JF        Jesus – Future  5 passages.   ‘Son of Man’ refers to Jesus Himself as one who will come in the Future, starting with his resurrection.  Two examples are: Mk 9:9  “As they were coming down the mountain, he ordered them to tell no one about what they had seen, until after the Son of Man had risen from the dead.”   Mt 19:28  “Jesus said to them, ‘Truly I tell you, at the renewal of all things, when the Son of Man is seated on the throne of his glory, you who have followed me will also sit on twelve thrones, judging the twelve tribes of Israel.”

IF        Indeterminate – Future 10 passages.  Here, it is not clear if references to the ‘Son of Man’ in the future refer to Jesus or Another person.  Three examples are:   Lk 12:10 “And everyone who speaks a word against the Son of Man will be forgiven; but whoever blasphemes against the Holy Spirit will not be forgiven.”  Mt 26:64  “Jesus said to him, ‘You have said so. But I tell you, From now on you will see the Son of Man seated at the right hand of Power and coming on the clouds of heaven.”  Lk 18:8  “I tell you, he [God] will quickly grant justice to them. And yet, when the Son of Man comes, will he find faith on earth?”

AF       Another – Future  4 passages.   ‘Son of Man’ seems to refer to Another person, not Jesus, coming in the Future.  Two examples are:  Mt 24:30  Then the sign of the Son of Man will appear in heaven, and then all the tribes of the earth will mourn, and they will see ‘the Son of Man coming on the clouds of heaven’ with power and great glory.”  Lk 21:36  “Be alert at all times, praying that you may have the strength to escape all these things that will take place, and to stand before the Son of Man.”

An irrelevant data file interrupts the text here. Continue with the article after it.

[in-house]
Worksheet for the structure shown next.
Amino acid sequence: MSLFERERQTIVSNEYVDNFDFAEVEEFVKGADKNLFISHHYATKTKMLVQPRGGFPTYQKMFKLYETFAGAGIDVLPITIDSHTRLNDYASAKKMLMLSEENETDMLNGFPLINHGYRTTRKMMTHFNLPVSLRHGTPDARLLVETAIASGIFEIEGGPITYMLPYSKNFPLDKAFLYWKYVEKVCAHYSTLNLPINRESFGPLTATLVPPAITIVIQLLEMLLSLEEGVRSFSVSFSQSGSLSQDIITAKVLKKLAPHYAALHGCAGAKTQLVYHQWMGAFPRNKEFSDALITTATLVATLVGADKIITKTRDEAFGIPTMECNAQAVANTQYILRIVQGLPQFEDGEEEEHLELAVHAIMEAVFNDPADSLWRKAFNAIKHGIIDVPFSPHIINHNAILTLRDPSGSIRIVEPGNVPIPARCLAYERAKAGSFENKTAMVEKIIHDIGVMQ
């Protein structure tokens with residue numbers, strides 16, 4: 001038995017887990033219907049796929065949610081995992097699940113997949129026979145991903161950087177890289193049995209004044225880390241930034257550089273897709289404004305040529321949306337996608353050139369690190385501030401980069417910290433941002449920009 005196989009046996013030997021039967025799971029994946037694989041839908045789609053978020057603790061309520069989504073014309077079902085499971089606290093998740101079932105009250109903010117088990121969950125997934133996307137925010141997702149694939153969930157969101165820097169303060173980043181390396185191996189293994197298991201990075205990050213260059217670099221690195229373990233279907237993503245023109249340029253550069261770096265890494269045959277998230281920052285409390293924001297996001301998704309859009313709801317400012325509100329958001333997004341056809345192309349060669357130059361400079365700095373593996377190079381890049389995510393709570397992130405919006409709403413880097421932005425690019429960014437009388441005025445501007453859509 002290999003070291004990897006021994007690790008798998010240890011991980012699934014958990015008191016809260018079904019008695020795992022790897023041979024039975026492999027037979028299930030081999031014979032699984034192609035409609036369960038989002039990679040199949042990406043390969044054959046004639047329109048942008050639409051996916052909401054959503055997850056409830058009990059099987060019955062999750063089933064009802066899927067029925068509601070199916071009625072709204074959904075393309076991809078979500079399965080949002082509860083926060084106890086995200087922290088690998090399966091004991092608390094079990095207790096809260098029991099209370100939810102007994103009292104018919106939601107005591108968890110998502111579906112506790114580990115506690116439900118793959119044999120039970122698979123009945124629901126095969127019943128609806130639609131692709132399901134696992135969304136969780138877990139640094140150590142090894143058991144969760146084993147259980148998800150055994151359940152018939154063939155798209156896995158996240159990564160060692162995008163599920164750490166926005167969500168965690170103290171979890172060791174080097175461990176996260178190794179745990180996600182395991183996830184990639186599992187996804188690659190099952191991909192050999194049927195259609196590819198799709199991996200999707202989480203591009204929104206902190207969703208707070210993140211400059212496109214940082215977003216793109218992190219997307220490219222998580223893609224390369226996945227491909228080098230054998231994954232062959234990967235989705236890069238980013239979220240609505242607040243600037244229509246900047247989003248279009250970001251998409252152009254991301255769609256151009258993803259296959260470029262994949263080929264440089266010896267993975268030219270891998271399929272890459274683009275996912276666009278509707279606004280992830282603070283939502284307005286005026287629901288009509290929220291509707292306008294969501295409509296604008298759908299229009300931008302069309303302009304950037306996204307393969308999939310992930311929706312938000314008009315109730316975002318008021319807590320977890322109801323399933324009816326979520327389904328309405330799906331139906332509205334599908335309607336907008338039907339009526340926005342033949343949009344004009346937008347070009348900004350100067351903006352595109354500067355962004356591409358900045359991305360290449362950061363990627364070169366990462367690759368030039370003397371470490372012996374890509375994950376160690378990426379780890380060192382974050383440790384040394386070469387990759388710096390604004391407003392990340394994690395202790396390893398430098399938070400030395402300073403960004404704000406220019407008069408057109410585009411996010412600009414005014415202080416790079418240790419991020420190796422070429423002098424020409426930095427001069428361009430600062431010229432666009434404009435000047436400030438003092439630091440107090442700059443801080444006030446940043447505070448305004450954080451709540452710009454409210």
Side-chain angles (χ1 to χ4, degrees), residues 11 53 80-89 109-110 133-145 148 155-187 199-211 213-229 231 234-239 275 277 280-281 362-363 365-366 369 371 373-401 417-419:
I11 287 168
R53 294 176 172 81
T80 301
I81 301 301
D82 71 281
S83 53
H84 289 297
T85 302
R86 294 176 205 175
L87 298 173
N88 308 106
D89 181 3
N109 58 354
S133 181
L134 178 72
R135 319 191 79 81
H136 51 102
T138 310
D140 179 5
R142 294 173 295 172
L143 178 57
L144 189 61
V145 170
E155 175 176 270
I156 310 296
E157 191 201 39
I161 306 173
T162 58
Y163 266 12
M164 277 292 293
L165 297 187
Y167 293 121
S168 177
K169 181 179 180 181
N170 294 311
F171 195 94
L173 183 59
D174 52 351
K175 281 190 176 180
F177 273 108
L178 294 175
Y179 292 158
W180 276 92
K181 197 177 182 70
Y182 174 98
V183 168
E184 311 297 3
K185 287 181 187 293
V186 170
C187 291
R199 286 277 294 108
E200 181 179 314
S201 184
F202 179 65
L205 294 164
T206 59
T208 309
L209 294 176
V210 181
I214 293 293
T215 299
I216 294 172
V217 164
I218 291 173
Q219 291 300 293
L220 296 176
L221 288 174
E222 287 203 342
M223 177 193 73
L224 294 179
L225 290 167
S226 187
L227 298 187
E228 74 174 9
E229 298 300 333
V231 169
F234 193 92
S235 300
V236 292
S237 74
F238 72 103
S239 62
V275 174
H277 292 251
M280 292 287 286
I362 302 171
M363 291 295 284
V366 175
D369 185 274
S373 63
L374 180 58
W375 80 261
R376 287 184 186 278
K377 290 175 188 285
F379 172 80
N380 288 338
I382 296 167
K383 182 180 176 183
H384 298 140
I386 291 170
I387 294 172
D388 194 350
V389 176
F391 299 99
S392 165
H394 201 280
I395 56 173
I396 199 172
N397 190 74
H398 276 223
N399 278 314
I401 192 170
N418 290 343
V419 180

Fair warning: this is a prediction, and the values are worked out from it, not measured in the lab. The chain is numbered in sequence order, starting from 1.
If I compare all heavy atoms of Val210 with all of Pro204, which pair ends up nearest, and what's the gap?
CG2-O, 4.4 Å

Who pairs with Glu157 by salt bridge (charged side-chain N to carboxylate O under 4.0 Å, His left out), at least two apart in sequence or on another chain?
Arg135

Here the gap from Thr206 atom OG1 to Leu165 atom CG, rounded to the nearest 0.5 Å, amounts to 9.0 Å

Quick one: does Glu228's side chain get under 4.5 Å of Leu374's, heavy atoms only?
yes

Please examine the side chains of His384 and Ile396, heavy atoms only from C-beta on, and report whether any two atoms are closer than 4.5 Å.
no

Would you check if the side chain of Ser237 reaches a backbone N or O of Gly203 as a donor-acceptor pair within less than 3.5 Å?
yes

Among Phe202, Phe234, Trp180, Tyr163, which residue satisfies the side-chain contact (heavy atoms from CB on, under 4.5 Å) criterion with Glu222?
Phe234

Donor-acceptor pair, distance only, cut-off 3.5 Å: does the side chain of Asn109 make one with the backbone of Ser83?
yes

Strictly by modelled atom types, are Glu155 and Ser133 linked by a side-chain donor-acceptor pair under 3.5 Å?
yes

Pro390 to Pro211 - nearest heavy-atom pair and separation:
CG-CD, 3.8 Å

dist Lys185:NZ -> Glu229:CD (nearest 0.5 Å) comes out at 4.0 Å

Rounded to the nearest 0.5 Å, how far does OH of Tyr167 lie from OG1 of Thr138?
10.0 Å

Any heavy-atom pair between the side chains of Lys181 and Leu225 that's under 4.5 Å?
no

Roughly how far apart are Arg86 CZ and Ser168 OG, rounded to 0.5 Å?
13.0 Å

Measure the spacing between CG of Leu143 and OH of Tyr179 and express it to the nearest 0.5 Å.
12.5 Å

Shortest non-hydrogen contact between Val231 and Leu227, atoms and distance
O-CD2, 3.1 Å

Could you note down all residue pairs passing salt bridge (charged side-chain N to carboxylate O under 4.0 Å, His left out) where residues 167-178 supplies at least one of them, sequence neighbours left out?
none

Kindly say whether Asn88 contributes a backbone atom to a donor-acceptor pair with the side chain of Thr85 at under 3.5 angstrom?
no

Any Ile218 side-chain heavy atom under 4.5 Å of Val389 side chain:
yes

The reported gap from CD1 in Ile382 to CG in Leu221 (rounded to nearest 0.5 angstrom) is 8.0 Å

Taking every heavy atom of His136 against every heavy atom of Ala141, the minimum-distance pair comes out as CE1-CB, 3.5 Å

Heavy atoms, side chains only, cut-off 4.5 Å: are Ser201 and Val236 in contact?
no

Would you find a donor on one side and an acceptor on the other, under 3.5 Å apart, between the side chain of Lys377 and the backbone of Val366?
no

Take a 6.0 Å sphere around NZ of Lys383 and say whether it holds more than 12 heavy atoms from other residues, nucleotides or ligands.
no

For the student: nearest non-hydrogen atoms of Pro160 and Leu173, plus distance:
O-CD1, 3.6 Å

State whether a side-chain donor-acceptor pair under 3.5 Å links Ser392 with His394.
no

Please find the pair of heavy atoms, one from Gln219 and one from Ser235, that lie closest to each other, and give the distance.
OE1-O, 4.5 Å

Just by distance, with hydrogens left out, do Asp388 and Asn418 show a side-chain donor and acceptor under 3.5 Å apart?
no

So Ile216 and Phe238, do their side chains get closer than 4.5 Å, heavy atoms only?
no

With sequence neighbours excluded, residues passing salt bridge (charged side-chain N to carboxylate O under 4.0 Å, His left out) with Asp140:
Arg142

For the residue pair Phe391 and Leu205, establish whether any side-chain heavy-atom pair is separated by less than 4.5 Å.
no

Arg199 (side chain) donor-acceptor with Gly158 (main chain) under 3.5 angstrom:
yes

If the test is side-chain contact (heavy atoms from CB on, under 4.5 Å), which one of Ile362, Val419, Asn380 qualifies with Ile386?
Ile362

To summarize, we have 20 passages where Jesus is apparently already the Son of Man (JL); 5 passages where he is clearly presented as the future Son of Man (JF); and 14 passages where the future Son of Man is not clearly identified (IF, 10) or where he is clearly someone other than Jesus (AF, 4).

  1. Thus, we reach the third part of the assessment: How many of the NT references to the Son of Man are historical? Here are three of the problems: (1)  In the JL category, why does Jesus almost always refer to the Son of Man in the third person (as if the Son of Man were another person) when he is supposedly referring to himself?  (2) Why do none of his disciples, not even the three leaders (Peter, James and John) ever refer to him by that title?  Neither does Paul.  (3) There are also contradictions between the references in the four different categories.  Maybe Jesus could be both the present and future Son of Man, but what about the references (AF and IF) that do not appear to refer to Jesus?   All things considered, something is wrong here.